MAY 11, 2016 01:30 PM PDT

Pediatric genetics - Applications of NGS in the Clinic

C.E. CREDITS: P.A.C.E. CE
Speakers
  • Director of Laboratory Operations, Center for Pediatric Genomic Medicine, Children's Mercy Hospital, Assistant Professor, University of Missouri-Kansas City, School of Medicine
    Biography
      Emily Farrow joined the Center as a research scientist in February 2012. She is an assistant Professor at the University of Missouri-Kansas City School of Medicine and has a secondary appointment at the Indiana University School of Medicine in the Department of Medical and Molecular Genetics. She obtained her M.S. in Genetic Counseling from the Indiana University School of Medicine in 2006 followed by her Ph.D. in Molecular Genetics in 2009. She completed a postdoctoral fellowship supported by a National Kidney Foundation research grant in phosphate regulation at Indiana University School of Medicine. Dr. Farrow is also a board certified genetic counselor. Her research interests include metabolic bone disorders and the role of genetic counseling in genomic medicine.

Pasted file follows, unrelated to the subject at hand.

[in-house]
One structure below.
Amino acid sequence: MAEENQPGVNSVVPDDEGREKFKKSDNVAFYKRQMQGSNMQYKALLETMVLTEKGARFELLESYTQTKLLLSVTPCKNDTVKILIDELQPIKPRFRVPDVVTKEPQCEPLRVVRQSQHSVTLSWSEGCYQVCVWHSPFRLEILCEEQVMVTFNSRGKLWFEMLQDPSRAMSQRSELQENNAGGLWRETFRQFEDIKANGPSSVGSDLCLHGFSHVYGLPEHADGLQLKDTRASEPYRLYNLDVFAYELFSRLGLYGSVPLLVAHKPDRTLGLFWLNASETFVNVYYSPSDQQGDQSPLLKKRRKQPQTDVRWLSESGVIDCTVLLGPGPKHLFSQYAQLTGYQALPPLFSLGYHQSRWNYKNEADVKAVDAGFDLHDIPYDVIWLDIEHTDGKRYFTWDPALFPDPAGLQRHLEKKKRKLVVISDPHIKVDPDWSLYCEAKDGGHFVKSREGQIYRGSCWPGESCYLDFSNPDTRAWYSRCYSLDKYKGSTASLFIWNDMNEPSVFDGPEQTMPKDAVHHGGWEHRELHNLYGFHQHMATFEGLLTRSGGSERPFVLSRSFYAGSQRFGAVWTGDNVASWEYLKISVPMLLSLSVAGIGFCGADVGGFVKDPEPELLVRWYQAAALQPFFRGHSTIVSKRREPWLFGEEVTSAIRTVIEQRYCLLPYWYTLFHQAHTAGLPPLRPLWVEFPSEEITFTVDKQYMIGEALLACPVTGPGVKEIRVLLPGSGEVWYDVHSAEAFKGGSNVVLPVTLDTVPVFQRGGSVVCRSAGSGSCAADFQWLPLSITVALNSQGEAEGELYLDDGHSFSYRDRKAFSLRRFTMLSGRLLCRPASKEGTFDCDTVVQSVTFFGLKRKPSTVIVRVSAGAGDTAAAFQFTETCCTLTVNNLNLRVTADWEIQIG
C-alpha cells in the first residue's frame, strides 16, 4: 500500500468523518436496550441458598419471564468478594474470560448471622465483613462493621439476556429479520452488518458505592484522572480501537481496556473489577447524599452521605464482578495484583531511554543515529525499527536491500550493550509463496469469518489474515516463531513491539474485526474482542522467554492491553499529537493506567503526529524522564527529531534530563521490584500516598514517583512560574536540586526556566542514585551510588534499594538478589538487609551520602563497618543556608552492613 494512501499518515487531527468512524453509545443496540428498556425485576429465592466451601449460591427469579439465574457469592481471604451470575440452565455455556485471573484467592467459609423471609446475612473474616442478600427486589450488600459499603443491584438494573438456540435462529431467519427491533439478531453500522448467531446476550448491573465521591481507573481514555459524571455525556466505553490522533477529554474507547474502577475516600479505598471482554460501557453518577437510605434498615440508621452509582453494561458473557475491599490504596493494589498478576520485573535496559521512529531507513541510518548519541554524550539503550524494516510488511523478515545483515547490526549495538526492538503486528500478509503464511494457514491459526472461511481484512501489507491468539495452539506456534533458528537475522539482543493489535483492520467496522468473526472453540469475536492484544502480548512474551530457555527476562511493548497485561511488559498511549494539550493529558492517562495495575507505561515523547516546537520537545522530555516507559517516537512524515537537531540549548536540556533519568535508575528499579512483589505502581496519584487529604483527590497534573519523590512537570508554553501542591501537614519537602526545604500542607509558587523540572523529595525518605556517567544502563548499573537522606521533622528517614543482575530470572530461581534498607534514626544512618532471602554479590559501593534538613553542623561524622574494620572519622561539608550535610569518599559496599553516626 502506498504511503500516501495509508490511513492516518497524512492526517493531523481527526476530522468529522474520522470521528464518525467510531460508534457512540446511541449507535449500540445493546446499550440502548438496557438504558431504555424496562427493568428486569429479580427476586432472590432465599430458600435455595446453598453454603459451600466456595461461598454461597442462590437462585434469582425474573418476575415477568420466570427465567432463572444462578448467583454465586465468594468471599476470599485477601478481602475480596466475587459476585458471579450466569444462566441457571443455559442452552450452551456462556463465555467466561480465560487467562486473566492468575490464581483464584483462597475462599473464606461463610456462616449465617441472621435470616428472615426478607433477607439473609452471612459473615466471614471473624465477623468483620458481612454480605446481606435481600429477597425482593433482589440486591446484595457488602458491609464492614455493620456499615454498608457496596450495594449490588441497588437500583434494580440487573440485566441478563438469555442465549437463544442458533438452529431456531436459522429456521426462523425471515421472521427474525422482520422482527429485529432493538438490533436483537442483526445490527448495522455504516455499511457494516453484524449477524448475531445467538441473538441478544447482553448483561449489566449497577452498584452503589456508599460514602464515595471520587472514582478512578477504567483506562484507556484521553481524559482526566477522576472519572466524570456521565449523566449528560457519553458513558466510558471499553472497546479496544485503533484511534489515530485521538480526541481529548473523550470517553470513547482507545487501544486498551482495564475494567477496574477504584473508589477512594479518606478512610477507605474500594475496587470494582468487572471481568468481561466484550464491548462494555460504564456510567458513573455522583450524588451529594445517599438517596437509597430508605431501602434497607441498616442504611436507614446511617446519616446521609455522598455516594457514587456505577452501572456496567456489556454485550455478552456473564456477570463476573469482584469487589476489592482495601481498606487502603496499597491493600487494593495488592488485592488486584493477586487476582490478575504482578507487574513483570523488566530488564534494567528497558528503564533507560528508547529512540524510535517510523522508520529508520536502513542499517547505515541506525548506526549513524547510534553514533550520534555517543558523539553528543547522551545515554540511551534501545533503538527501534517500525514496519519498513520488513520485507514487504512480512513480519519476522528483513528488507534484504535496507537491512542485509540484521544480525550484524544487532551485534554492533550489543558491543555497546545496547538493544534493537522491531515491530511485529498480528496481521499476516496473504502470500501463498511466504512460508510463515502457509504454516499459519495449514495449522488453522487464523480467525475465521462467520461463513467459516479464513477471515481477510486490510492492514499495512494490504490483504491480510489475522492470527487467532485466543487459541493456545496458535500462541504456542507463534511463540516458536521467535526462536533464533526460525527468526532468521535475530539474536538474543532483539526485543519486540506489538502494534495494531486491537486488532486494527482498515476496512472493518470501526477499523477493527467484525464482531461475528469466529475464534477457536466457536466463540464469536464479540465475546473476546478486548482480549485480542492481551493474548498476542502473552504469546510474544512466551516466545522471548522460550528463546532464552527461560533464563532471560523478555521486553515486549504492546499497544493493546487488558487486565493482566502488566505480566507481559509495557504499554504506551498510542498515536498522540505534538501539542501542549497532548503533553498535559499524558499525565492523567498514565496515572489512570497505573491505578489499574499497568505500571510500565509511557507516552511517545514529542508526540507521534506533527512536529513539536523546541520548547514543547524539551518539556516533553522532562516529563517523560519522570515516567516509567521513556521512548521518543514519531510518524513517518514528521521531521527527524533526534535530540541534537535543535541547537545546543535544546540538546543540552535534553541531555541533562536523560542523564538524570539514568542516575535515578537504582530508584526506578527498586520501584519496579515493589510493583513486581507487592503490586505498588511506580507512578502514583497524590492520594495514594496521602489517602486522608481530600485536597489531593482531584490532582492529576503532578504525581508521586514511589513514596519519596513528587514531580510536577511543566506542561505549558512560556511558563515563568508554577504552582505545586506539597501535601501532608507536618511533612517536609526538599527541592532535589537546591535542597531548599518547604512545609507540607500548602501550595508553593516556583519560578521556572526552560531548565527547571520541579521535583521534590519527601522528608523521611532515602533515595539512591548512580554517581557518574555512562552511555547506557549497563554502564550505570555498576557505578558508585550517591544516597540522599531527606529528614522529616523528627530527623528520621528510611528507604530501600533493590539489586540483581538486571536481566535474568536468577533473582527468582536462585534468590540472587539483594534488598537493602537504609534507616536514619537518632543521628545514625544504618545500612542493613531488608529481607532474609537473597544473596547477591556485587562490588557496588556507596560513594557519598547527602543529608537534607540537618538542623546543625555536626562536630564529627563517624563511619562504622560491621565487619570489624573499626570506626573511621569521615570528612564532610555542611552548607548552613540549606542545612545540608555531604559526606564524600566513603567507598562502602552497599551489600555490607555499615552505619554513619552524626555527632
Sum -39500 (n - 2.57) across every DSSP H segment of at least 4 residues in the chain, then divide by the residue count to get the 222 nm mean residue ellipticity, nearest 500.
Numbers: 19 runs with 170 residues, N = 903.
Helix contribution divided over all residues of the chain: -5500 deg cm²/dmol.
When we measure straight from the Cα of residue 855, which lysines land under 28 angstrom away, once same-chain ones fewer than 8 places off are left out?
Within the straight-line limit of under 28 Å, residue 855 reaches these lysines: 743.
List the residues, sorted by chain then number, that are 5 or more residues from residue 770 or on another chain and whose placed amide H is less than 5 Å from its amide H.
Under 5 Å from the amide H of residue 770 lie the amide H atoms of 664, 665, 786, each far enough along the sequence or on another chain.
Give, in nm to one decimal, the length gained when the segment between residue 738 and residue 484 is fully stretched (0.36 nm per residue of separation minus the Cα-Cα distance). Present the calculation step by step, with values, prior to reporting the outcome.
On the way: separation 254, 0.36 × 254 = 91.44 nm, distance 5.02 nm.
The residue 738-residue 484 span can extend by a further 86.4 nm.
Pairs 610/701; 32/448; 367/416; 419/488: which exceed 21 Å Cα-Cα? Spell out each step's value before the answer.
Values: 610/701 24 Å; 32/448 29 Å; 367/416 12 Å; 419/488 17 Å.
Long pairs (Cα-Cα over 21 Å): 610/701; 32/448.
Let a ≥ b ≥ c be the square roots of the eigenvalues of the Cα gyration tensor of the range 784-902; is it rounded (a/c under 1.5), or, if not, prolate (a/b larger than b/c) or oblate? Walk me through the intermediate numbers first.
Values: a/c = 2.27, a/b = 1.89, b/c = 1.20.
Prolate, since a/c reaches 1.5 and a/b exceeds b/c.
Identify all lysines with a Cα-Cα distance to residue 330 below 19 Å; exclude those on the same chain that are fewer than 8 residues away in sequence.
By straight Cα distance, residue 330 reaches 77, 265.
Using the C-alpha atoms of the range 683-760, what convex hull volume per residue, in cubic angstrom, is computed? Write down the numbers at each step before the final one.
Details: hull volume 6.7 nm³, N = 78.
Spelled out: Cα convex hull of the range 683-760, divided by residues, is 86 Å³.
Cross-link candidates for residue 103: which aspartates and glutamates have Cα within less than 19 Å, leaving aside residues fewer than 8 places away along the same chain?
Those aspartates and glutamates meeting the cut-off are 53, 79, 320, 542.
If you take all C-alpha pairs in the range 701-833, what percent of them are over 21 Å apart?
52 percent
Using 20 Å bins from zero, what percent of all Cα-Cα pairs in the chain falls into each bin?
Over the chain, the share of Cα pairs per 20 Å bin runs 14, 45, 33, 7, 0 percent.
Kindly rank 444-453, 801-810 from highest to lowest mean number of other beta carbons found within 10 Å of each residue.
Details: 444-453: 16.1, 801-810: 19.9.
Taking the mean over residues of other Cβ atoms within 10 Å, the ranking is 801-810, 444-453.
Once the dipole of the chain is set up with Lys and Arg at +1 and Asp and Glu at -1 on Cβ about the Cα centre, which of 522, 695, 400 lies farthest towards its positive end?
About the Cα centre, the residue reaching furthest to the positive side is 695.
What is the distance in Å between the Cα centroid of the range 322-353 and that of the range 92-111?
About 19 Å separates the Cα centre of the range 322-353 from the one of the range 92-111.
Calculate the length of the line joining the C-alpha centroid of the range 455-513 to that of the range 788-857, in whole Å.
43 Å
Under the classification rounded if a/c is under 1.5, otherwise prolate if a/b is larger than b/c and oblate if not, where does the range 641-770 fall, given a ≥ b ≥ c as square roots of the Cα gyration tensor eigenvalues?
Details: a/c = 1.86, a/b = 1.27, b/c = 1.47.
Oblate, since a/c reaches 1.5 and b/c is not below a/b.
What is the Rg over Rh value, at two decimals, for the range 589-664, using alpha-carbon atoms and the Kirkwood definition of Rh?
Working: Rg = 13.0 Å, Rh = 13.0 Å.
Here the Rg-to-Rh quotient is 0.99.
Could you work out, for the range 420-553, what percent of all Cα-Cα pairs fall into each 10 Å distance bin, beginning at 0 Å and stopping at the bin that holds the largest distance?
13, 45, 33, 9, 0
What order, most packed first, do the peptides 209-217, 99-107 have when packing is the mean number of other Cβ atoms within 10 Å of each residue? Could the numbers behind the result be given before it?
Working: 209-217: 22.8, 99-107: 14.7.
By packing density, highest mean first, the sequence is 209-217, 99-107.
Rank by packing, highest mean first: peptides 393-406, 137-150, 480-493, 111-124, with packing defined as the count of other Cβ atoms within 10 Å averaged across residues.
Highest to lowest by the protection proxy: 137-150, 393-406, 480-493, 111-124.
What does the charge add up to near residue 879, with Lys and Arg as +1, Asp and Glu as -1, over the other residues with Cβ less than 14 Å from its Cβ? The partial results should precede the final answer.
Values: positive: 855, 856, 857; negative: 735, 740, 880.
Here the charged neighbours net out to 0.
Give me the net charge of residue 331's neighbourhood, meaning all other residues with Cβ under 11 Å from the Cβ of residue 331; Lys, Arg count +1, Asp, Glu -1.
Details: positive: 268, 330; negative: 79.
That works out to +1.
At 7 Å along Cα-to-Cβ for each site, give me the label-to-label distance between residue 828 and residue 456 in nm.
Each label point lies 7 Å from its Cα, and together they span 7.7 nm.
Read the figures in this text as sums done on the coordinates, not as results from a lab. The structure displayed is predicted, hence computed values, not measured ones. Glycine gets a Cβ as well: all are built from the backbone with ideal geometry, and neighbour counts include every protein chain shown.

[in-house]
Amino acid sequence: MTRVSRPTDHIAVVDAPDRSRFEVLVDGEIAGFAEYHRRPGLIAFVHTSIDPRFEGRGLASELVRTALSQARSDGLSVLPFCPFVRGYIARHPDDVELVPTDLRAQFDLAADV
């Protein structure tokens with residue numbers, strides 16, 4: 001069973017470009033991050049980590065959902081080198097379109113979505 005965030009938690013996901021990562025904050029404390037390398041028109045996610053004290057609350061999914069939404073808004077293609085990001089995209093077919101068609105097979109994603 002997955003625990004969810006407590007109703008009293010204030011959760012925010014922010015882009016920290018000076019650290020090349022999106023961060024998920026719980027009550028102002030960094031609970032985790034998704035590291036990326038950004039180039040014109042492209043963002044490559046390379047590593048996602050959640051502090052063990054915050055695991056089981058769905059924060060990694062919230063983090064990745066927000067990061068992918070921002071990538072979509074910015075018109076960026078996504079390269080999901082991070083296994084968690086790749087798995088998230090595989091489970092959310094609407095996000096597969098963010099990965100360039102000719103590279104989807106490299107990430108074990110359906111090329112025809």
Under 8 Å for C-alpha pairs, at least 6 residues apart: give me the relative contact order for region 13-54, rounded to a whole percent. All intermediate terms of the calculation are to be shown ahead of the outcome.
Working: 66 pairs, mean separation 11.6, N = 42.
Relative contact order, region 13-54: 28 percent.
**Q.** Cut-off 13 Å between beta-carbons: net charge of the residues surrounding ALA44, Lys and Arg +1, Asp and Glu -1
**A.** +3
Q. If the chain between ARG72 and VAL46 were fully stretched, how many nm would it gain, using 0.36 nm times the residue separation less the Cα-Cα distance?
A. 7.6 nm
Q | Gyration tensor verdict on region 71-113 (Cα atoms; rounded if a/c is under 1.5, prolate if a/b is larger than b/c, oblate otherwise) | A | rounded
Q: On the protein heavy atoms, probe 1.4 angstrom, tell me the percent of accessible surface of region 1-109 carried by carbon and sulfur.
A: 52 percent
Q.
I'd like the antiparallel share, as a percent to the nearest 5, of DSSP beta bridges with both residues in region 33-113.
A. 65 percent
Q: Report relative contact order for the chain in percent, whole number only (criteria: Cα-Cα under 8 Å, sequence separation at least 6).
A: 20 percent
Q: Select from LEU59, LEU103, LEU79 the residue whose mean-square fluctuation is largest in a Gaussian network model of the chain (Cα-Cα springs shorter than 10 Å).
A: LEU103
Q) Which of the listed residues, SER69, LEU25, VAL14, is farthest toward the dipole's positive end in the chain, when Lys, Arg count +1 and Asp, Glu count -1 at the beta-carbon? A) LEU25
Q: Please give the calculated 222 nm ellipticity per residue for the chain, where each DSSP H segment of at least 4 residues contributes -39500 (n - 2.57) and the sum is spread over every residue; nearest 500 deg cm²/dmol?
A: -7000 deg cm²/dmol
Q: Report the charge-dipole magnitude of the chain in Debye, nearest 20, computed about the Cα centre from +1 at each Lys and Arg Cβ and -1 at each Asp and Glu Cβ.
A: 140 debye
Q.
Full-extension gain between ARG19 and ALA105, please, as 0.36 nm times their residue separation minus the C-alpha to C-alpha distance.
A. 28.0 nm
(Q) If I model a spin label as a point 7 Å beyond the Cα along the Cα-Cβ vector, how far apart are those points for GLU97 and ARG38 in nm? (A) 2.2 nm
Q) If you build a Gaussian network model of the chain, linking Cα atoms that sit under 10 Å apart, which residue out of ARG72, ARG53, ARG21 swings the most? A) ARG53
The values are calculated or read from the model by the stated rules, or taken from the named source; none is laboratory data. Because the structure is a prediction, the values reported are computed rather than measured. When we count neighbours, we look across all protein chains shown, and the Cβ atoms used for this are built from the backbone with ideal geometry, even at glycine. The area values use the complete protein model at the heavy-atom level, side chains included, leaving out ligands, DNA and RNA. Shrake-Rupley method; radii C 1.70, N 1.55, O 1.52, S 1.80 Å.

Abstract:

    The rapid implementation of next generation sequencing is changing how genetics and genomics are applied in a clinical setting. However, the quickly evolving technology can be challenging to implement. The Center for Pediatric Genomic Medicine at Children's Mercy Hospital has been using NGS in both a research and clinical setting since its inception. Currently the center offers targeted panels, symptom driven exome, and whole genome sequencing clinically. This presentation will outline applications of next generation sequencing in a pediatric hospital. Real case examples will be used to highlight best use practices. The limitations and benefits of NGS in the clinic will be discussed. Additionally, the intersection of research and clinical testing, and how it is particularly applicable in genomic medicine will be discussed.

    At the end of this presentation participants will:

    • Understand different applications of targeted, whole exome, and whole genome testing.
    • Recognize how NGS is impacting clinical care. 

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